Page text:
John Wright’s Charity
John Wright’s Charity was set up in Stanhoe at the beginning of the 19th century “for putting to school and educating in a suitable manner all such poor children belonging to, and living in, the beneficial area”. The Charity later played an important part in the setting up of Stanhoe School.
Although it has changed with the times, the Charity continues to this day. It has a modest income from the rental of a field, formerly the property of the Charity itself and now owned by the Charity Commission. A team of dedicated trustees distribute this money to the benefit of all the young people of Stanhoe.
The Charity is registered with the Charity Commission.
Rosemary Brown, Secretary to John Wright’s Charity, compiled this short historical account from handwritten notes in minutes notebooks and elsewhere.
History of John Wright’s Charity
1802 John Wright of Ivy Farm in his will leaves “a parcel of land” in Stanhoe, the income from which is to be used to educate the children of the village.
1805 Three acres of land are let by the charity’s five Trustees (inhabitants of Stanhoe, nominated by the Rector and Churchwardens). Using the income generated, twelve children attend two Dame Schools in Stanhoe, where they learn reading, and needlework for the girls.
1853 In accordance with the will of John Wright, land for a permanent school building is conveyed under a Deed of Trust to the Rector and Churchwardens.
1854 Stanhoe School opens. Funding comes from John Wright’s Charity, public subscription, and the National Society for Promoting Religious Education, whose aim is to set up a church school in every parish.
1861 The original charity land is exchanged for a better field in what is now Station Road. This was previously part of the glebe (land belonging to the Rector as part of the church benefice).
In this year there were 95 scholars at the school.
1884 The Charity Commission officially instructs the Rector and Churchwardens as the Administrators or Trustees of Wright’s Charity.
1906 The Minute Book is started, giving the earliest record of Wright’s Charity meetings.
The Deed from the Board of Education decrees that the Trustees should comprise: The Rector (ex officio); one County Council appointee and one Parish Council appointee, both on a three- year tenure; and two Co-operative Trustees, each on a five-year tenure.
The new Trustees are: Rev. Black (Rector), Mr H C Hollway-Calthrop, Mr E S Belton, Mr T Calver, Mr H Seymour, Mr G Mitchley. These were men of stature; many were landowners.
They decide to allocate the charity’s income as:
3 prizes of 10 shillings each for attendance in Standard 5 upwards
4 prizes of 5 shillings each for attendance in Standards 2, 3 and 4
In the event of a tie, the winner of the attendance prize was the child of “greatest diligence”.
1 prize of 10 shillings for good conduct in Standard 5
1 prize of 10 shillings for good conduct in Standards 2, 3 and 4
The good conduct prizes were awarded as Post Office Savings, or paid into the School Savings Bank, or, in consultation with the parents, spent by the Trustees on clothing credit.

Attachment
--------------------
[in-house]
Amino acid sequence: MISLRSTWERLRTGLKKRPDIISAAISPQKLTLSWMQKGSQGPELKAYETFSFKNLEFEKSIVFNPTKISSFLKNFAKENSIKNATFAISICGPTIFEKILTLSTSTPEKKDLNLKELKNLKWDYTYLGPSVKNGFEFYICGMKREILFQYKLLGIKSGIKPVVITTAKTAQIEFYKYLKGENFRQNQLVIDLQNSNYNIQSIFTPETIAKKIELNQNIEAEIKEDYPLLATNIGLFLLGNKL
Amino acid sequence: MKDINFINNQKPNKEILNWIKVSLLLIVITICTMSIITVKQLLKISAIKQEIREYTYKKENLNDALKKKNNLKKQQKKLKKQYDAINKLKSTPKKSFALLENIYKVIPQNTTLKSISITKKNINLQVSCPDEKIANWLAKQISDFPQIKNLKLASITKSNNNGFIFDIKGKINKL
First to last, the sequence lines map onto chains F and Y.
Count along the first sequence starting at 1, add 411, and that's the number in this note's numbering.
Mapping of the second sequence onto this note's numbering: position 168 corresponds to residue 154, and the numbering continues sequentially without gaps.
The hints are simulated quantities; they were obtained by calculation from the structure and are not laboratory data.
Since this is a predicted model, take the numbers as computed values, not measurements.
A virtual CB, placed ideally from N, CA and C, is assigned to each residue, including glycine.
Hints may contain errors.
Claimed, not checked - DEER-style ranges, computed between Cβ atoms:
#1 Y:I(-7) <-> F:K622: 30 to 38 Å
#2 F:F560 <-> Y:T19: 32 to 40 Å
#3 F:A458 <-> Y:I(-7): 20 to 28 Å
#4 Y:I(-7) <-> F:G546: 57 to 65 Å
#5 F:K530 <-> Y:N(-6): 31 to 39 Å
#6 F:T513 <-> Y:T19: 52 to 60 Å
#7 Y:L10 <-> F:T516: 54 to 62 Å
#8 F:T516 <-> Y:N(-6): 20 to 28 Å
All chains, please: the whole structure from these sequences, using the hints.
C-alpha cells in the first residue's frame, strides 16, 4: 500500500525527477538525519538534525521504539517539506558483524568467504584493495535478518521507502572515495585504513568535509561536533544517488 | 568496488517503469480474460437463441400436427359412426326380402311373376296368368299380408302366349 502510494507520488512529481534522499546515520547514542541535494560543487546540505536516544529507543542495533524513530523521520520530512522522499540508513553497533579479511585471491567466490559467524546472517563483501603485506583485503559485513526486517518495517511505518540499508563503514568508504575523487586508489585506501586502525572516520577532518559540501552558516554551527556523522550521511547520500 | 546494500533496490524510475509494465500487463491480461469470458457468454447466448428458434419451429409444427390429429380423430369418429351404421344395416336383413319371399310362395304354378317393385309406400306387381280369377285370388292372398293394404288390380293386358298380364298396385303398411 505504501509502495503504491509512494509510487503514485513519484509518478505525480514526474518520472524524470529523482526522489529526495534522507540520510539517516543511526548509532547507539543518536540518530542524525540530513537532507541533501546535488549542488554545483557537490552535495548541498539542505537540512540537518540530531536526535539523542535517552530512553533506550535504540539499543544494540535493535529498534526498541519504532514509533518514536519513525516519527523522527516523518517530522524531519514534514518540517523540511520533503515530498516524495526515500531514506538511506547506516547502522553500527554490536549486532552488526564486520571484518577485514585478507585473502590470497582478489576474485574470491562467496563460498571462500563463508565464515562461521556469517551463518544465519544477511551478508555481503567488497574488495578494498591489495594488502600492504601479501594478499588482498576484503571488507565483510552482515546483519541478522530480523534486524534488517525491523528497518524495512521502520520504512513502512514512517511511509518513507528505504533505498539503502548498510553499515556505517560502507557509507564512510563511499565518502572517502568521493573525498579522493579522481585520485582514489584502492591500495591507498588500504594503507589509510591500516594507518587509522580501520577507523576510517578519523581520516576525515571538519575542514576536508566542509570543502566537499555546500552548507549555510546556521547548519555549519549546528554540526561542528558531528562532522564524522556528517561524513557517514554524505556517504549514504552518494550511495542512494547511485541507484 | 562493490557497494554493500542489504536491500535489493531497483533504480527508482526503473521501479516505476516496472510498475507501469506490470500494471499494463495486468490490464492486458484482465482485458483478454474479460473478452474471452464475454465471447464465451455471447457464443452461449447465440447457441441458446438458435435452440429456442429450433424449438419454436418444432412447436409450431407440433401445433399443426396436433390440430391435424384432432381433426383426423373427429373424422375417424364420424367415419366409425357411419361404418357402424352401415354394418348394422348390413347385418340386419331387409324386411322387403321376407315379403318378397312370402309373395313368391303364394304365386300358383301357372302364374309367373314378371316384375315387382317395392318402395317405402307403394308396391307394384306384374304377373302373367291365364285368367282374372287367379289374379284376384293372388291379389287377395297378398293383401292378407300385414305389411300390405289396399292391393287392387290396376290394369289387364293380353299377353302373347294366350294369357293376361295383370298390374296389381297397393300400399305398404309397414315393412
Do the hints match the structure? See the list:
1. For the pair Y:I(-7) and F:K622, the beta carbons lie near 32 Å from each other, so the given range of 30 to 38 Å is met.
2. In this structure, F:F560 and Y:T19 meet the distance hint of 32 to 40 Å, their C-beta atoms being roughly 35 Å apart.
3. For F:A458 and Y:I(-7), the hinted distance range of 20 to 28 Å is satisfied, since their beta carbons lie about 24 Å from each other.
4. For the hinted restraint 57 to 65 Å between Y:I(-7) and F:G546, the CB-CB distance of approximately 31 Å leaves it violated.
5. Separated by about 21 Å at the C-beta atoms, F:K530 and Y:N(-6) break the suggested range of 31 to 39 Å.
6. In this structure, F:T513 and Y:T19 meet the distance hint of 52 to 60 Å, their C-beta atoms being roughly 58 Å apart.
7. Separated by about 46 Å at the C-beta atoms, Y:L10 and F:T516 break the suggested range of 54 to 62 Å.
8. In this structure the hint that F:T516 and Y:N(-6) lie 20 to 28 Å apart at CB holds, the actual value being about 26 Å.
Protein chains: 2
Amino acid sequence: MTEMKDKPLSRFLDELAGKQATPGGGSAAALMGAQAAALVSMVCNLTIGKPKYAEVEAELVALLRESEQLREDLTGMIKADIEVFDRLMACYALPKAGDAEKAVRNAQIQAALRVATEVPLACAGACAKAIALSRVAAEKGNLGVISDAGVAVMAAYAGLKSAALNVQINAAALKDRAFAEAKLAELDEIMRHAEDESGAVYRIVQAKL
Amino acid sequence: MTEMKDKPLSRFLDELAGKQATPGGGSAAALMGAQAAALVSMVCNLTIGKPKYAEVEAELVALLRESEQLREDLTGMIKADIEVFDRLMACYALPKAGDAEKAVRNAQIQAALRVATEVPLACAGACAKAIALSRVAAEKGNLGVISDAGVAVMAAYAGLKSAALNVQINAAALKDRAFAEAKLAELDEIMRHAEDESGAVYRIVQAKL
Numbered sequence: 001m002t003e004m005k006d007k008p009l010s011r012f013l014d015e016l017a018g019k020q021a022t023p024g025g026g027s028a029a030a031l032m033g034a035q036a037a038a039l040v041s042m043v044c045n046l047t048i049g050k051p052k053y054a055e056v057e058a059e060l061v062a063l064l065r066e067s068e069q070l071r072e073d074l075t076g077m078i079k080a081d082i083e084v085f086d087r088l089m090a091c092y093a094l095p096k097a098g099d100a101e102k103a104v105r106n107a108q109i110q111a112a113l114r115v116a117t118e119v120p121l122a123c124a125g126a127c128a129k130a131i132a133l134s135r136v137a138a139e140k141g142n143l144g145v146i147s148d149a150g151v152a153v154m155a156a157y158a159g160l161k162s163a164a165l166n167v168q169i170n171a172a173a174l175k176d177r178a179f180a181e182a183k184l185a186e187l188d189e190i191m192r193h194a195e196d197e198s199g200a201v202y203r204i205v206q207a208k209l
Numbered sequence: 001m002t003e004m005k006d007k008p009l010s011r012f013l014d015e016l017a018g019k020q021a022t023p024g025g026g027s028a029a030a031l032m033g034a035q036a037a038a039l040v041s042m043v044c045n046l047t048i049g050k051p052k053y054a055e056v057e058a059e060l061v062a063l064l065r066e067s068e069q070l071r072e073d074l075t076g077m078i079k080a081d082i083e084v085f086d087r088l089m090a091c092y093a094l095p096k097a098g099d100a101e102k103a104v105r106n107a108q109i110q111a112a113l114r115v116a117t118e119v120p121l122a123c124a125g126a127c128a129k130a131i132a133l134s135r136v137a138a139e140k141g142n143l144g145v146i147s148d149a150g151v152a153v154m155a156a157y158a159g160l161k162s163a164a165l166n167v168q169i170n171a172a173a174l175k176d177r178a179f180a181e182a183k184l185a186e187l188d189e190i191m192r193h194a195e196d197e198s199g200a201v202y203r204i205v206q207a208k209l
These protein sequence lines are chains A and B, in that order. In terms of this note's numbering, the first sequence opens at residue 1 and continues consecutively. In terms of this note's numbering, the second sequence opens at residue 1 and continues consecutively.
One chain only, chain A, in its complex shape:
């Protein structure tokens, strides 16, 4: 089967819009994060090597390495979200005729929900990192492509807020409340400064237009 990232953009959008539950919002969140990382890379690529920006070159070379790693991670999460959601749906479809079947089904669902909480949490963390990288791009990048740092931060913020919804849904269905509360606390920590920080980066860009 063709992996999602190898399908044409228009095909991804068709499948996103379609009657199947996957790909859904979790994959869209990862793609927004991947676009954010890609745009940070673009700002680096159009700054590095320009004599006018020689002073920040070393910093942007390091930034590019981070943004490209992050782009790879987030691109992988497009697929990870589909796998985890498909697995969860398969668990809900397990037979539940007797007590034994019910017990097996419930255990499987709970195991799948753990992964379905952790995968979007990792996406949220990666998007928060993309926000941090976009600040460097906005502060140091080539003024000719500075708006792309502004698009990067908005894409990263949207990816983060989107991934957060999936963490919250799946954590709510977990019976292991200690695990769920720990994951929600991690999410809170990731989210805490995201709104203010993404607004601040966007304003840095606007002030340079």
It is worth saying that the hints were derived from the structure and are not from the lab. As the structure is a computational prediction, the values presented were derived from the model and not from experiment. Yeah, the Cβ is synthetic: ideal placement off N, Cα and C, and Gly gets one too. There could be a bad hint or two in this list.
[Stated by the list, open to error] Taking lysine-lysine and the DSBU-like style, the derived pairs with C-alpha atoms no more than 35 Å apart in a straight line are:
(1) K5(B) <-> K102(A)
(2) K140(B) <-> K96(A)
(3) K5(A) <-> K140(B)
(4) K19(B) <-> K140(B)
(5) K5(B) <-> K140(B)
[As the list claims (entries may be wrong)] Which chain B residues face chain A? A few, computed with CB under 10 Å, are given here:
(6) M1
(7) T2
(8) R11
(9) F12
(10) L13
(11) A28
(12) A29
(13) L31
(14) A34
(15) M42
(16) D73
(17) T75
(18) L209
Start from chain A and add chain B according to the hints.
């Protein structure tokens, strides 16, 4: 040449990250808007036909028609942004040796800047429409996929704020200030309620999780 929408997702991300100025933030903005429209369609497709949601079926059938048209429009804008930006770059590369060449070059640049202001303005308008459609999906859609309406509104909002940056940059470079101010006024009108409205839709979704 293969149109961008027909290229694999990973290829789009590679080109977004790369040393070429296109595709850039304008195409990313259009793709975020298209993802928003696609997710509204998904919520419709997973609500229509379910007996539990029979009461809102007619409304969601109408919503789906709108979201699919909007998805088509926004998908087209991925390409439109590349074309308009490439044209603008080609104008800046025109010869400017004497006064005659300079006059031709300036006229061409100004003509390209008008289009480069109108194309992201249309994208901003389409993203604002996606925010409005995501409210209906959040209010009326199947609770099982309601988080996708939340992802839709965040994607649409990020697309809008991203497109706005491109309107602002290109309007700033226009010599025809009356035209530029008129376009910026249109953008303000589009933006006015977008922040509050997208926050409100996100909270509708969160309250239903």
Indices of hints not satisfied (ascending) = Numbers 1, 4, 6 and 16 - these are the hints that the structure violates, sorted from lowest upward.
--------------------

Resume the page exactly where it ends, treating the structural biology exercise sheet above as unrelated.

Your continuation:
1910 It is noted that the parents of prize-winners have been asked what type of award they would prefer, and with one exception, they have requested clothes, underclothes and books (the clothing was supplied through Messrs Bennett and Allen).
In this year the number of children whose attendance records makes them eligible for awards exceeds the sum available from the rent of the field. It is suggested that the awards be given out at the School Prize Giving or the Flower Show, and the names of the winners published in the Deanery Magazine.
1913 The idea that the most diligent pupil might be chosen by fellow pupils is floated – and rejected.
1915 The Trustees say that too much emphasis is being put on attendance and not enough on proficiency.
1921 A pupil from the neighbouring parish of Barwick is eligible for an award. The Board of Education is consulted, and refuses to allow the award. One of the Trustees compensates the pupil’s mother from his own pocket.
1925 The rent from the field is £3 2s 0d, and the Rector points out that from this should be deducted a tithe (also referred to as “Queen Anne’s Bounty”). Since the awards total £3 10s. 0d, there is not enough money to pay them. Of late, the Rector had paid the difference himself.
To improve the income it is decided to rent out the shooting rights on the land, as well as the land itself.
1932 Concern is expressed that the awards are being allocated for clothing, mostly through Chestney’s and Roy’s shops in the village. This year, the awards are given as National Savings Bank payments instead. The tenant of the field asks for a reduction in rent because of the hard times.
1933 A review of finances and awards:
Field rent £4 10s 0d
Shooting rights £1 0s 0d
Total £5 10s 0d
Less tithe £1 6s 10d
Grand total £4 3s 2d
The new Rector (Rev. Bannister) notes that the conditions of the deeds had not always been adhered to. Not more than £1 0s. 0d. should be awarded, and not less than 5s per pupil – yet at times 2s 6d had been given, when an award was shared between children.